After 31 years in the classroom, I wish to work with public school teachers who must transition from pre-Web 1.0 teaching to Web 2.0 and beyond. North Carolina has begun requiring this of all teachers and thousands of them are truly frightened. Having taught in a teacher certification program at Dartmouth College, I do not wish to return to college teaching, but would love to work side-by-side, supporting teachers as they make this shift.

What do these teachers, who are leery of using computers as more than a word processor and/or flat encyclopedia,need? Your input is most welcome and appreciated. Sarah

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You might look at our http://workshops.classroom20.com workshops. Since we typically gear them to be a way to help educators get started and help each other with Web 2.0, I think you might find the detail interesting. I also believe it's important to help them use tools that help them outside of the classroom themselves, so that they are getting something of personal value out of Web 2.0. Good luck!
Yes, this is a great site.
Sarah,

I applaud your desire. After 20 years in the classroom, I retired to making educational content on the web. It has taken years to build up users, but my stats now show that there are a good number of teacher from around the country and around the world who use my website. You can see it at http://www.educationalsynthesis.org and it is one way to introduce use of the web to the teachers you will be working with. Not only are their resources there that may meet their needs, but they can also let me know what they would like to see on the website, and I will do my best to make it happen.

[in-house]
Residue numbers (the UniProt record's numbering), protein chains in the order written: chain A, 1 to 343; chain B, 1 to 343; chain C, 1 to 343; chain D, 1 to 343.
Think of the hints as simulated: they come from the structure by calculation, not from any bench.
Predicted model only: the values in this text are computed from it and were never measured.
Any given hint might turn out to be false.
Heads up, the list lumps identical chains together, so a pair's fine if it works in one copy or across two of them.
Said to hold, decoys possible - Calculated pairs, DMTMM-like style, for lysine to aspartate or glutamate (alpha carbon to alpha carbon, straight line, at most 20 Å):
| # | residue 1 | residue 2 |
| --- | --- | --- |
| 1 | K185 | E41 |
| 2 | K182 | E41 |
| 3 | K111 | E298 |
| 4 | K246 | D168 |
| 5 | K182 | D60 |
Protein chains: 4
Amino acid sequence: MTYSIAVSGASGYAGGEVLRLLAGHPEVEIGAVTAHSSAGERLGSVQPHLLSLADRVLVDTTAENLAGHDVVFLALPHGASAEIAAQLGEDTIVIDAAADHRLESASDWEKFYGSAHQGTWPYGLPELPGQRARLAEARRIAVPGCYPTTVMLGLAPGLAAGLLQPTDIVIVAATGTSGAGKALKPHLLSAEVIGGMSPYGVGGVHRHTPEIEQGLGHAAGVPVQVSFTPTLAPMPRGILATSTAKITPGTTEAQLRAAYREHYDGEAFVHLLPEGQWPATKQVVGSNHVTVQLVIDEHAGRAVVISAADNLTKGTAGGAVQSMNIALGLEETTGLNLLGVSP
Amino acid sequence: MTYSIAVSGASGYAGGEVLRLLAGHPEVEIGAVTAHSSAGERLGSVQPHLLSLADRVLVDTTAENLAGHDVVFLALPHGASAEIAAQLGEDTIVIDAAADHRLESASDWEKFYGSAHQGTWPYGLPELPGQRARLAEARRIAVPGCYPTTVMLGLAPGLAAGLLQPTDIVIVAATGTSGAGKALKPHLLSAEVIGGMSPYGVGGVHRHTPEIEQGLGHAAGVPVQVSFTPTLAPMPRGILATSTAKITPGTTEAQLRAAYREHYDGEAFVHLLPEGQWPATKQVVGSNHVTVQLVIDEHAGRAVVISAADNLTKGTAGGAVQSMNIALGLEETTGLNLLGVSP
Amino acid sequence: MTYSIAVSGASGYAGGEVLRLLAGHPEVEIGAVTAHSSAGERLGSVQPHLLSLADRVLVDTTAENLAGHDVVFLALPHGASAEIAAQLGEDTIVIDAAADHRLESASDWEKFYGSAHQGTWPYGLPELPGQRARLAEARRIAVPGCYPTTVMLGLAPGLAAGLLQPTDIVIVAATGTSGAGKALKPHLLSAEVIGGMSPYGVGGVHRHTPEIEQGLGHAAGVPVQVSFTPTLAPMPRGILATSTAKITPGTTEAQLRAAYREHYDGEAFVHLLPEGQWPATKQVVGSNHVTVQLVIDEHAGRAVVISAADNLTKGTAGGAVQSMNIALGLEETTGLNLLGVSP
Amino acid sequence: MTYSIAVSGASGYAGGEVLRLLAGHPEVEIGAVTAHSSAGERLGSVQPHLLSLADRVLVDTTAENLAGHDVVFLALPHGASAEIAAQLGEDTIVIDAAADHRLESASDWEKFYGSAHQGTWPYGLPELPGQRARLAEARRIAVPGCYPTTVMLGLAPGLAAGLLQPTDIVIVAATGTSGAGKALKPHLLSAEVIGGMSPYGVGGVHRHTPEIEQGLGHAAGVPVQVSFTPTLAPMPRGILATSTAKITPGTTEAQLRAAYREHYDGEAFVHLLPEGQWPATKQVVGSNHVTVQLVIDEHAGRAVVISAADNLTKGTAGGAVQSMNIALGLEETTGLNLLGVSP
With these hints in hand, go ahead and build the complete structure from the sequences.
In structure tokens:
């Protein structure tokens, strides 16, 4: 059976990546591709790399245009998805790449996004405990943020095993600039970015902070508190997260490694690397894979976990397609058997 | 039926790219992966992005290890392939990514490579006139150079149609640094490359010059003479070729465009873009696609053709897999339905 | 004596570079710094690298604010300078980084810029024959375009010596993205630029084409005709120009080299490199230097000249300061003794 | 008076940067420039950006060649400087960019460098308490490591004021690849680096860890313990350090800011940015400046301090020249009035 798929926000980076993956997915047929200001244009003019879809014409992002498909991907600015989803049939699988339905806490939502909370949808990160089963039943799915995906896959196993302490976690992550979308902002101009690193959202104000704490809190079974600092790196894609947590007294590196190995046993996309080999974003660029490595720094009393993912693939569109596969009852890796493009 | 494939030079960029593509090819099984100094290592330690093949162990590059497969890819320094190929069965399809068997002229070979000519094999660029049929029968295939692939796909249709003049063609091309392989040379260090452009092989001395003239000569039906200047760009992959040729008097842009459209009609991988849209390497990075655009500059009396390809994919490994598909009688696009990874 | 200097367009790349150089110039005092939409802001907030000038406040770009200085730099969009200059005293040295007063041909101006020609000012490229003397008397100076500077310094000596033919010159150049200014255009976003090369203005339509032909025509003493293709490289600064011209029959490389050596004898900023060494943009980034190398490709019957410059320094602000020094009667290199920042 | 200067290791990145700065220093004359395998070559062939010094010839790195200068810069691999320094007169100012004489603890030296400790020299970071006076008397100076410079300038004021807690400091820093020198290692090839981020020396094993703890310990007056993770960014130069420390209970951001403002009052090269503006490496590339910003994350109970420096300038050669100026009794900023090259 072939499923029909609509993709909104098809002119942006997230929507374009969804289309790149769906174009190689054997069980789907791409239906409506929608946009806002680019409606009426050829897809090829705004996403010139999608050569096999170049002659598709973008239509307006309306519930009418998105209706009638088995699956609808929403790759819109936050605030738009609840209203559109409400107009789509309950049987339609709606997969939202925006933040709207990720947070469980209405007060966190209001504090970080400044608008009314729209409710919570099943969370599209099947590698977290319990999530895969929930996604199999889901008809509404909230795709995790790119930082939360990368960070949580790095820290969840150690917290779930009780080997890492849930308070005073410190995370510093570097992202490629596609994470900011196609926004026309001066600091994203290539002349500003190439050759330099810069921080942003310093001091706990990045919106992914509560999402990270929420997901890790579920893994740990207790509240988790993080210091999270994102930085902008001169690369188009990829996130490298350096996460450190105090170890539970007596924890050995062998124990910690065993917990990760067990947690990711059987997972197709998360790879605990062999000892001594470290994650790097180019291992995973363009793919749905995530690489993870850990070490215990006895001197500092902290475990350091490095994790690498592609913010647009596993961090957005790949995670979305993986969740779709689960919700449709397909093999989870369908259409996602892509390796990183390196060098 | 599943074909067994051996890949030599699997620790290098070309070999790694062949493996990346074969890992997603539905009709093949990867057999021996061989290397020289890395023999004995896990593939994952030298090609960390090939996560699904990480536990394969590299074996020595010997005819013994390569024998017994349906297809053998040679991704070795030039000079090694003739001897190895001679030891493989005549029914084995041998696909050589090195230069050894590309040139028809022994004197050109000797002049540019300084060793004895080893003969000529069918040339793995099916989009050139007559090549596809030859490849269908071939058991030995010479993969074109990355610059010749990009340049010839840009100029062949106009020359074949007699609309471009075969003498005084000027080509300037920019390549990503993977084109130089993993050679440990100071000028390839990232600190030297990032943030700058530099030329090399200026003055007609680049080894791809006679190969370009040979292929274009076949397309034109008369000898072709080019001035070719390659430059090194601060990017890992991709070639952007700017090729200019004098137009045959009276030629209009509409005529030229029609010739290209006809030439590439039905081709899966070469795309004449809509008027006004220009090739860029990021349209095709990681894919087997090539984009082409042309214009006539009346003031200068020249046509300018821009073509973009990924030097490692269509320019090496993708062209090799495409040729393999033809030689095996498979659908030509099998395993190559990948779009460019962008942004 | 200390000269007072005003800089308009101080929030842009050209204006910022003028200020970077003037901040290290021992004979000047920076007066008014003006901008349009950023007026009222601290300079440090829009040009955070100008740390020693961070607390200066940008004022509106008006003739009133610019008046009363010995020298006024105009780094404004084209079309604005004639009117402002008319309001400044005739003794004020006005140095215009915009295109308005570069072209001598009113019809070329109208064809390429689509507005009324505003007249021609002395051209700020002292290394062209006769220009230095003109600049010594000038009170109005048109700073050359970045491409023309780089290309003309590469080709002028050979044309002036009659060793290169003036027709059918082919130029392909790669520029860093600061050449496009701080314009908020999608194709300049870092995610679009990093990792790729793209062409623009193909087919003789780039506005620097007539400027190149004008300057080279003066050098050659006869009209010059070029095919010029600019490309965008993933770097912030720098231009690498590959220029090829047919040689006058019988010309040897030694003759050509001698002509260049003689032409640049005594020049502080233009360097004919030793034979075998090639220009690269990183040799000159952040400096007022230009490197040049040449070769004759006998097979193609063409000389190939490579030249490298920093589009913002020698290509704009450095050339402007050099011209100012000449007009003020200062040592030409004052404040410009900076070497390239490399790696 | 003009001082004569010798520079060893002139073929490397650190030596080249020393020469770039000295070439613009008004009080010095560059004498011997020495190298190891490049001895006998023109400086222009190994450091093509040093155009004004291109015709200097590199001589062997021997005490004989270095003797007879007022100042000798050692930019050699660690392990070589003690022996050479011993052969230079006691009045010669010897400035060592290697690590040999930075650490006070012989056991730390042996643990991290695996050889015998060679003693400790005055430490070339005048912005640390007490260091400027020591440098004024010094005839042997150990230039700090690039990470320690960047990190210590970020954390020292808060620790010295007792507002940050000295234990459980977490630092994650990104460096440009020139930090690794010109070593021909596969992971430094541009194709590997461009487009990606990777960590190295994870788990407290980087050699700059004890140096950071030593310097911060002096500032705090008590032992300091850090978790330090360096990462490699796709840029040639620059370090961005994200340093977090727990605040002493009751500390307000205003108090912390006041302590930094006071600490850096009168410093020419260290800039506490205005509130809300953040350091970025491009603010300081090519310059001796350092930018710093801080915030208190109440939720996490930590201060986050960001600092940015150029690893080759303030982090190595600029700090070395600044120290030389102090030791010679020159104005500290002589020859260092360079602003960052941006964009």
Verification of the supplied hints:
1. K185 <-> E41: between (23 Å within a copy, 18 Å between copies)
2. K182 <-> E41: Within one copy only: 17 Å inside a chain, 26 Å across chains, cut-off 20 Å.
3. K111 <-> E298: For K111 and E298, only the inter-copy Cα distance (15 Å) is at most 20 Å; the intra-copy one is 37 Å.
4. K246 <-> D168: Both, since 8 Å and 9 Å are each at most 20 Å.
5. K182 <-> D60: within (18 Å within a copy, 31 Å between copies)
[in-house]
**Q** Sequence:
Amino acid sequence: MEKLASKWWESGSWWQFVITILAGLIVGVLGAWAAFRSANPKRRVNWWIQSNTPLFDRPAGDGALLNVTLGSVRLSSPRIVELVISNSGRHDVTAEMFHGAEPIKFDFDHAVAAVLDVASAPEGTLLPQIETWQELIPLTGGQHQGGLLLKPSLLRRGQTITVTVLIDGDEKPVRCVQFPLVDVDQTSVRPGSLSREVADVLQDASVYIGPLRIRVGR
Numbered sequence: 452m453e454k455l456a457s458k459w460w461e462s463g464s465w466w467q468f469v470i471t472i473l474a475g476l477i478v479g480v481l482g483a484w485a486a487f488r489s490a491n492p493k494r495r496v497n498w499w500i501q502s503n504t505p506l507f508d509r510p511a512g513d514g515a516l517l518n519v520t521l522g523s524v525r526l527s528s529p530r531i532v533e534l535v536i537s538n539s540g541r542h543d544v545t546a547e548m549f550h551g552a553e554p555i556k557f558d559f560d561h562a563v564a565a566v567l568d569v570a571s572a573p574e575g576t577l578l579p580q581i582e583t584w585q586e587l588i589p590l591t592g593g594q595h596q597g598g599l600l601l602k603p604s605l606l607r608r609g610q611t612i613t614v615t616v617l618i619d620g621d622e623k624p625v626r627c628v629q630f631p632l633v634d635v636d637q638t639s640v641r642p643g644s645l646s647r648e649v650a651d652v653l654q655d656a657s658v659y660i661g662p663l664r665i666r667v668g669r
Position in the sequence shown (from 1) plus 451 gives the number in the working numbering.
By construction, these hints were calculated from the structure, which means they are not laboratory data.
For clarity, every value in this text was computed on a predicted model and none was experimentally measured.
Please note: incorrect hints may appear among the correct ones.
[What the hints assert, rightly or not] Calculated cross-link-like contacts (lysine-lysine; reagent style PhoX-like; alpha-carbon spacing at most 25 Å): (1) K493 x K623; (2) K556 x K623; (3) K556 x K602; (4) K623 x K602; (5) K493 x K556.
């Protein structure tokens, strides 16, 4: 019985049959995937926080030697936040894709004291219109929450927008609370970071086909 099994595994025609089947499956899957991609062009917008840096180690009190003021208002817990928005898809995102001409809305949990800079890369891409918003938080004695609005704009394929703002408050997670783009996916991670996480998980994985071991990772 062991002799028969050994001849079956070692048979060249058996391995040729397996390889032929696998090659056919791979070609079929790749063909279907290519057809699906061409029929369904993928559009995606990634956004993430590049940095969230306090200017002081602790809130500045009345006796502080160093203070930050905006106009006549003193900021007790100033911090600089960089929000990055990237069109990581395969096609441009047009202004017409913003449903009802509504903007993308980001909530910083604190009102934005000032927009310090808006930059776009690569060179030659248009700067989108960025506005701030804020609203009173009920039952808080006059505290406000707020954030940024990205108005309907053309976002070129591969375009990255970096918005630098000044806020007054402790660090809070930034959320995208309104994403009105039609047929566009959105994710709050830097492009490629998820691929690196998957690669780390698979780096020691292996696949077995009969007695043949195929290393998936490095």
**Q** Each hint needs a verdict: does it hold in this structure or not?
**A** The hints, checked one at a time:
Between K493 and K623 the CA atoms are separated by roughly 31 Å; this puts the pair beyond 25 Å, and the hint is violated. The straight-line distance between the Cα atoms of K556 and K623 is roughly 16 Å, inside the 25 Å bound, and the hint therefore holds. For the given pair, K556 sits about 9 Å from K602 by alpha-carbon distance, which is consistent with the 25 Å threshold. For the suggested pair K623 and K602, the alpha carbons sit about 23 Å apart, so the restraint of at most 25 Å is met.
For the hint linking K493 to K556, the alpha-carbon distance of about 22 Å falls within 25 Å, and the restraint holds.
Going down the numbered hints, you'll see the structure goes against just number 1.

Some of the best features of the Educational Synthesis website are: Famous Americans (morer than 150 summaries and pictures of people who kids learn about in school); My Own Books (more than 75 books that can be personalized to the reader on events or people in history, First Readers, the Alphabet Stories that lead to making a Pictionary, a few folkstales and other stories). There are lots of resources for teaching the alphabet in whatever order the teacher chooses: stories, writing worksheets, online activities and games. The materials on math are in the process of changing from excel to javascript which make them more user friendly. There are worksheets that work on random numbers and produce any number of ready to use worksheets at various levels of calculation, that are each different from each other. (A womderful way to test children, or discourage cheating in close quarters). There are pages for the major holidays and links to the lesser known ones, and a few sample of music. And, much more.

The newest addition to the site is a link to forums and blogs. It has just been up a few days, so not much there but my original posts. The forum can be found at: http://www.enabling.org/drupal/?q=forum/1 .... I am still writing the first blog, but promise it will give a chuckle when it is read.

Sarah, maybe the two of us can pair up and between your face to face work, and my website and forum, we can bring those teachers up to speed. It is also interested that I am located "next door" in central Virginia, should we want to meet each other. My email address is apembert@erols.com ,,,,,